Luckily, with more than 10 years’ experience in the field, we can answer all of these questions for you in less than it cost to attend ABX in the first place.

We encourage all of our potential clients to invest in training for their employees so they understand the advantages of strategic sustainability implementation, the material issues for the industry segment you compete in, what your peers are doing, and how you can take a leadership role in sustainability through effective planning.

Instead of engaging us for a year-long life-cycle assessment project, when you really just need an EPD or to start your first annual sustainability report, take advantage of our 1-Day Sustainability Assessment and Rapid-Decision Making Workshop. For a fraction of the cost of your sustainability program, we will guide you and your team through

  • Sustainability 101
  • Give you our recommendations for the best-course for your company
  • Facilitate a rapid-decision making discussion to further narrow down a path forward that meets your company's needs, budget, resources, and goals.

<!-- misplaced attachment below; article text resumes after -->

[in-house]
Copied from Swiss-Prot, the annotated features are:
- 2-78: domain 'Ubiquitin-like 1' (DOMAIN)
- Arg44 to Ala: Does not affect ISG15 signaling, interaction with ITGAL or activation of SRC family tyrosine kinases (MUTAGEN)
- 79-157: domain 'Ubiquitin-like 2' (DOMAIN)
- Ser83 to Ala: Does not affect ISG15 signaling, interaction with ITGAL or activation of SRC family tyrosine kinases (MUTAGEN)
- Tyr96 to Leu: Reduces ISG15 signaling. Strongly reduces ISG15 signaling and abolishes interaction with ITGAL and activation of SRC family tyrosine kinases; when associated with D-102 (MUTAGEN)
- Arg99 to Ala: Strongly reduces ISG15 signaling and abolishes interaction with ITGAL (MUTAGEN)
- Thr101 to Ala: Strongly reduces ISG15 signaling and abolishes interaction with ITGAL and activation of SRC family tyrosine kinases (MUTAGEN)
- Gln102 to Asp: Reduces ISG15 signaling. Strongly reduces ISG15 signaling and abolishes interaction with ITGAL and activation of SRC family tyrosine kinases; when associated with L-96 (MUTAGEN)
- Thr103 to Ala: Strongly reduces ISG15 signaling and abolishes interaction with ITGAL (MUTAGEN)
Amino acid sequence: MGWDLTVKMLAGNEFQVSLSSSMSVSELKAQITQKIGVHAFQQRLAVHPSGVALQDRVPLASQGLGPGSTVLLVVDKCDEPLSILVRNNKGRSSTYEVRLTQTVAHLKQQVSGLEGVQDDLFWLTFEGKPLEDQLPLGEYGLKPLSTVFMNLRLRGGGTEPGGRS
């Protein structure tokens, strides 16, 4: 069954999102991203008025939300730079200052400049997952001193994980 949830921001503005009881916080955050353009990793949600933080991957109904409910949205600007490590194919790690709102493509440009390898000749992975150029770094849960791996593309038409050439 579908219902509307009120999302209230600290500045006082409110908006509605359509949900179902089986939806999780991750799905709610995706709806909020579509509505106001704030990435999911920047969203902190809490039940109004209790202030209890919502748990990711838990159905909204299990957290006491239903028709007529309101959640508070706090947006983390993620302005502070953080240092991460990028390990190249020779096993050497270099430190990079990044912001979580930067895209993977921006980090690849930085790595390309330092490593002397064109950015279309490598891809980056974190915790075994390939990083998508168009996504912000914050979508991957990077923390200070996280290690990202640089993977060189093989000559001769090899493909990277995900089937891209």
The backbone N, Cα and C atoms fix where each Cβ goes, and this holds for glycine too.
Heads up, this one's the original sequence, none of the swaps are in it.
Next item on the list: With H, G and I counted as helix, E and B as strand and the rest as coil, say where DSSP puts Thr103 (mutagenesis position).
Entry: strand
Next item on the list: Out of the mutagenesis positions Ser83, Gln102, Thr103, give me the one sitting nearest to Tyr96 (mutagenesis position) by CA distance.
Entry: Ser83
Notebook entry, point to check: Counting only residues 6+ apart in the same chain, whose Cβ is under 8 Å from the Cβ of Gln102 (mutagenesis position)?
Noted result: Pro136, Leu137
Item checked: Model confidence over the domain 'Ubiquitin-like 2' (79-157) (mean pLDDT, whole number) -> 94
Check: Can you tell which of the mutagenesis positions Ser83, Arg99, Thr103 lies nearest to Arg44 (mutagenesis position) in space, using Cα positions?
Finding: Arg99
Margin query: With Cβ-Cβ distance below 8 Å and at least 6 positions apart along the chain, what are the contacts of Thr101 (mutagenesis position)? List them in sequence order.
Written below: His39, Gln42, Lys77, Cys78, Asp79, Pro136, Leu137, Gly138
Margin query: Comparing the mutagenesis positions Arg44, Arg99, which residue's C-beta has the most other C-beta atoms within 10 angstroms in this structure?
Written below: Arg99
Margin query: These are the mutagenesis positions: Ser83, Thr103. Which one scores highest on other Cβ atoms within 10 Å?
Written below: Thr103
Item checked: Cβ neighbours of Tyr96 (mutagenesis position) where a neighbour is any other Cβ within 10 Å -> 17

We'd love to hear from you! Check out our full service offerings and submit a contact form and we'll be happy to schedule a 15-minute phone call to help you clarify next steps on your sustainability journey.

 

 

5 Ways to Promote Sustainability Through Strong Values

The SSC Team December 20, 2016 Tags: , , , , Strategic Sustainability Consulting No comments

Enjoy this post from the SSC archives.

It's a common problem in sustainability consulting: how do you get employees to pay attention to sustainability and integrate social and environmental considerations throughout their job responsibilities and daily behavior?  New research in psychology has some insight, and we're diving in for a closer look at how focus on values and virtues can help drive organizational success.

In 5 Reasons You Need to Instill Values in Your Organization, Jessica Amortegui outlines the connection between good intentions and effective transformation in the workplace. "It is an old truism: employees do not turn to written statements on the company intranet for clues about how to behave--they look to each other," Amortegui writes. "If your goal is to intentionally shape the actions and interactions of employees, you know the importance of creating a 'values-based' culture. However, you also know how difficult it is to implement one."